A Gust of Wind Blows Across HE…

From various sources (@kavubob, @mweller via @peter_scott, @downes and others), I notice:

A couple more riffs on the above:

  • Pearson are playing multiple sides, offering testing for both the upstarts (eg Udacity) and the incumbents’ response (edX). They also have a major stake in school (i.e. K12) and further education content (textbooks, curricula) and assessment (e.g. EdExcel is a Pearson company), and they seem to be testing the waters with their own HE offerings in the form of Pearson College. Start to twitch a bit more if they start offering campus management solutions. Also look out for them bulking up their learning analytics offerings
  • Although the OU has started offering academic wrappers around imported vendor certificates, I don’t think an equivalent course wrapper yet serves as a way of wrapping informal and semi-formal online courses, such as offerings from P2PU, Coursera, Udacity etc etc. There is at least one “officially” offered MOOC on “Learning Design”, though… (One of the models I wanted to explore with the T151 Game Design and Development 10 point short course in its final presentation was a fully open presentation with an additional for credit component based around the submission of a portfolio for credit bearing assessment. The legacy would have been a 10 point wrapper for importing informal online course activity, “proven” using an OU presented course. Maybe there’ll be a similar sort of finesse around the Learning Design MOOC? I’d certainly hope so…
  • I note that the OU runs exams at a wide variety of examination centres (often in local colleges), so to an extent the OU already models the behaviour being adopted by edX. There are, however, a couple of notable differences: a) the OU, rather than a commercial operation such as Pearson, manages exams at local centres; b) the OU offers tutor and/or moderated forum based support to students on OU courses. Providing tutor/associate lecturer support (including face to face tutorials at local centres) to students on a 1:320 ratio or so is expensive though… I’m not sure how the costs associated with providing online moderation at a ratio of 1:100 or so scale up with increasing course sizes (eg when you factor in recruitment and briefing/training costs, as well as the costs of assessment/marking related moderation exercises etc).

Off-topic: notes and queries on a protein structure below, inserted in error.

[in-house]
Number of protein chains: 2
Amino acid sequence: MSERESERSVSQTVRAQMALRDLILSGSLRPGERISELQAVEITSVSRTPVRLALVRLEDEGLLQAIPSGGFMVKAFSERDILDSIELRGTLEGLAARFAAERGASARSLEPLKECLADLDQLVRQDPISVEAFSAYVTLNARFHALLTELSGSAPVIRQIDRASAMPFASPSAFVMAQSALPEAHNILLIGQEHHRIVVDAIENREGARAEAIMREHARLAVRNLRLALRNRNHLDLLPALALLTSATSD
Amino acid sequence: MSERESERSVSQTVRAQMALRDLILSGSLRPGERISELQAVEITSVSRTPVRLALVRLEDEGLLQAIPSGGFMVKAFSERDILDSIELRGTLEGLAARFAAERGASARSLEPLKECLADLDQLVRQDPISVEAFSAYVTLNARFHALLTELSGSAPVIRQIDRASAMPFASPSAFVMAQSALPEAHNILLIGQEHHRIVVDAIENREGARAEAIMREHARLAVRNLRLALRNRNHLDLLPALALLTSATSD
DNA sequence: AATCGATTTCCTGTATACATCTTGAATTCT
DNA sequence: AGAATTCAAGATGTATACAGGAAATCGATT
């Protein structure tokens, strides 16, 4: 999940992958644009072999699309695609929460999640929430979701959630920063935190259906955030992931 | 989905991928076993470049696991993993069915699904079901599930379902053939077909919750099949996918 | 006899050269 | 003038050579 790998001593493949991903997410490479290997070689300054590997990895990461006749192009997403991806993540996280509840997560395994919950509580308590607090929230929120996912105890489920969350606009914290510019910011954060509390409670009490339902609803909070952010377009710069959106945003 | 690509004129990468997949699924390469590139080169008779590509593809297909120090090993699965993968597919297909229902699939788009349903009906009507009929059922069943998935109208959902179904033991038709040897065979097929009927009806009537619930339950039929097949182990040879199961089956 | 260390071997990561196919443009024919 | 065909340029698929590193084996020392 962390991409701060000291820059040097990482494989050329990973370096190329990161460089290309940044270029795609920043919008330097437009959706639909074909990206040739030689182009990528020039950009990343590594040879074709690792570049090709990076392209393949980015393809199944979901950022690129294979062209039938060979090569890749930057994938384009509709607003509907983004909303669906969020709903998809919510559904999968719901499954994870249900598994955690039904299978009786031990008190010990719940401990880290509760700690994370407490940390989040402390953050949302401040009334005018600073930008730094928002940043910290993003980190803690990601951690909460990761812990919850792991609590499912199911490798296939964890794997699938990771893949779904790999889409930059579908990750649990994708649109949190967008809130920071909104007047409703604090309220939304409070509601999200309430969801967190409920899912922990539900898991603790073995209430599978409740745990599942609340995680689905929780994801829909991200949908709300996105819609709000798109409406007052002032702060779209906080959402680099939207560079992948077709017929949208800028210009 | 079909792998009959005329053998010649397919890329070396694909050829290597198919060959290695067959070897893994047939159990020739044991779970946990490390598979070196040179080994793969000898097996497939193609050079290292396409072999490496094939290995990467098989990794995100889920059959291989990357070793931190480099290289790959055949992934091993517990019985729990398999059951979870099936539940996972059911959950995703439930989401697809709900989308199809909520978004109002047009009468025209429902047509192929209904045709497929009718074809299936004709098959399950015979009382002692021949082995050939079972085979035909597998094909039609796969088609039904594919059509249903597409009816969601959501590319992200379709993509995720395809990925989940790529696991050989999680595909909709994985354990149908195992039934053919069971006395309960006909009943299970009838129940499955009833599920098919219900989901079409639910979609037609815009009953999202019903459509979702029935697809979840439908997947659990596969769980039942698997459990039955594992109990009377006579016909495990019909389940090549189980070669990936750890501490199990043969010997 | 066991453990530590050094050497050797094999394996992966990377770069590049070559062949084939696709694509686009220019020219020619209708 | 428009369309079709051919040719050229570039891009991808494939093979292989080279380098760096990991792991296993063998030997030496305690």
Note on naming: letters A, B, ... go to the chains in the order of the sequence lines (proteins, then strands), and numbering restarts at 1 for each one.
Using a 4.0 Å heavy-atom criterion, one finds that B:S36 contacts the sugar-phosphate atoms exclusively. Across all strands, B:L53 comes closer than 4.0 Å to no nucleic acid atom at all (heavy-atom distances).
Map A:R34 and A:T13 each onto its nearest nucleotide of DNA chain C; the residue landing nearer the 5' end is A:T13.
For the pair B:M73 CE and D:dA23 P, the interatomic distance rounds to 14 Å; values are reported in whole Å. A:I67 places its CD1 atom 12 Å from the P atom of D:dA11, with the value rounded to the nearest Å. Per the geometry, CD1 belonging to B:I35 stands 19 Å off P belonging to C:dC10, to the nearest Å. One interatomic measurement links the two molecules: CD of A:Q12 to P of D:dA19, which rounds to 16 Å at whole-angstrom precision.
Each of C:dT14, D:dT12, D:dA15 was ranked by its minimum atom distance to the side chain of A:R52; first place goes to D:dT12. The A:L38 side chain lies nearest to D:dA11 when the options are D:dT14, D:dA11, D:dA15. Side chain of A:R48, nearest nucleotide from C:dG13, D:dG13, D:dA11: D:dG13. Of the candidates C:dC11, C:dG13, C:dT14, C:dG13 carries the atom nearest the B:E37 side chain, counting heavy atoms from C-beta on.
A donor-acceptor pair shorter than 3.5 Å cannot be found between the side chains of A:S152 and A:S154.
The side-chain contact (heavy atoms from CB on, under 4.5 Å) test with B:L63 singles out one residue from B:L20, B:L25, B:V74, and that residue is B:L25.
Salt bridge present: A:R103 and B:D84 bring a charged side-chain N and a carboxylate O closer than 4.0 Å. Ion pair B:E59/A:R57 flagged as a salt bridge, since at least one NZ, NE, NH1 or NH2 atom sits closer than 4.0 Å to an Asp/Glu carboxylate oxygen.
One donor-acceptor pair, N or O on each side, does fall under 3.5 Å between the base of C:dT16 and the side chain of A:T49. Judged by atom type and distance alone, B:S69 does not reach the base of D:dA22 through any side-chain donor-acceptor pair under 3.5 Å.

• I should probably say something about badges here, but don’t have the will to!

See also: Checking HE for Cracks.

PS re: the outsourcing of campus facilities management, I thought I’d better check… and came across this (Sussex Uni tenders for campus services) from May, 2012 (contract notice):

The University of Sussex is seeking bids to manage its estates and facilities services, which are run in-house at an annual cost of £20 million.

The move, to be completed by August next year, “is expected to bring wider market experience and expertise to the university to enable it to meet the increasing demands of a highly competitive environment”, according to a statement.

The story is still running… Unions left ‘in the dark’ over outsource plans. Companies in the ballpark – Carillion, maybe? eg they appear to have been contractors for construction works at UWE, Hertfordshire.

PPS Facilities talk reminds me of this, which relates in part to management of facilities data: Facilities and Equipment Sharing Network.

PPPS via @brlamb, Pearson ‘Education’ — Who Are These People?, which looks at some of the lobbying going around around US teacher performance assessment.

Author: Tony Hirst

I'm a Senior Lecturer at The Open University, with an interest in #opendata policy and practice, as well as general web tinkering...

6 thoughts on “A Gust of Wind Blows Across HE…”

  1. Re the Equipment Sharing Network (UNIQUIP) link at the end, some more info for a bit of context. It’s not exactly London Met territory…


    You’ll see this is particularly aimed at boutique items of specialist kit. If the guy down the road has an fMRI machine, and I only need to use one occasionally, perhaps we could do a deal? (or bang heads together if you’re the funding council – no you can’t have the money for one of your own, work something out! :-)

    If we do it right (and @cgutteridge is on board, so I’m sure we will), then there should be some very interesting mashup opportunities.

    It also makes a lot of sense for folk to collaborate in areas where skills are in demand but hard to come by, HPC (supercomputing) being a prime example.

  2. MIT will lose its reputation due to making a collaboration with a commercial company pearson.
    MIT has technology 100 times better than Pearson .
    What is the reason to collaborate with pearson ?

  3. As an employer, I will not hire anybody who has taken his exams from pearson .
    I cannot trust a commercial company providing grades . They canb give away good grades very easily nobody knows. At the end they will make money .

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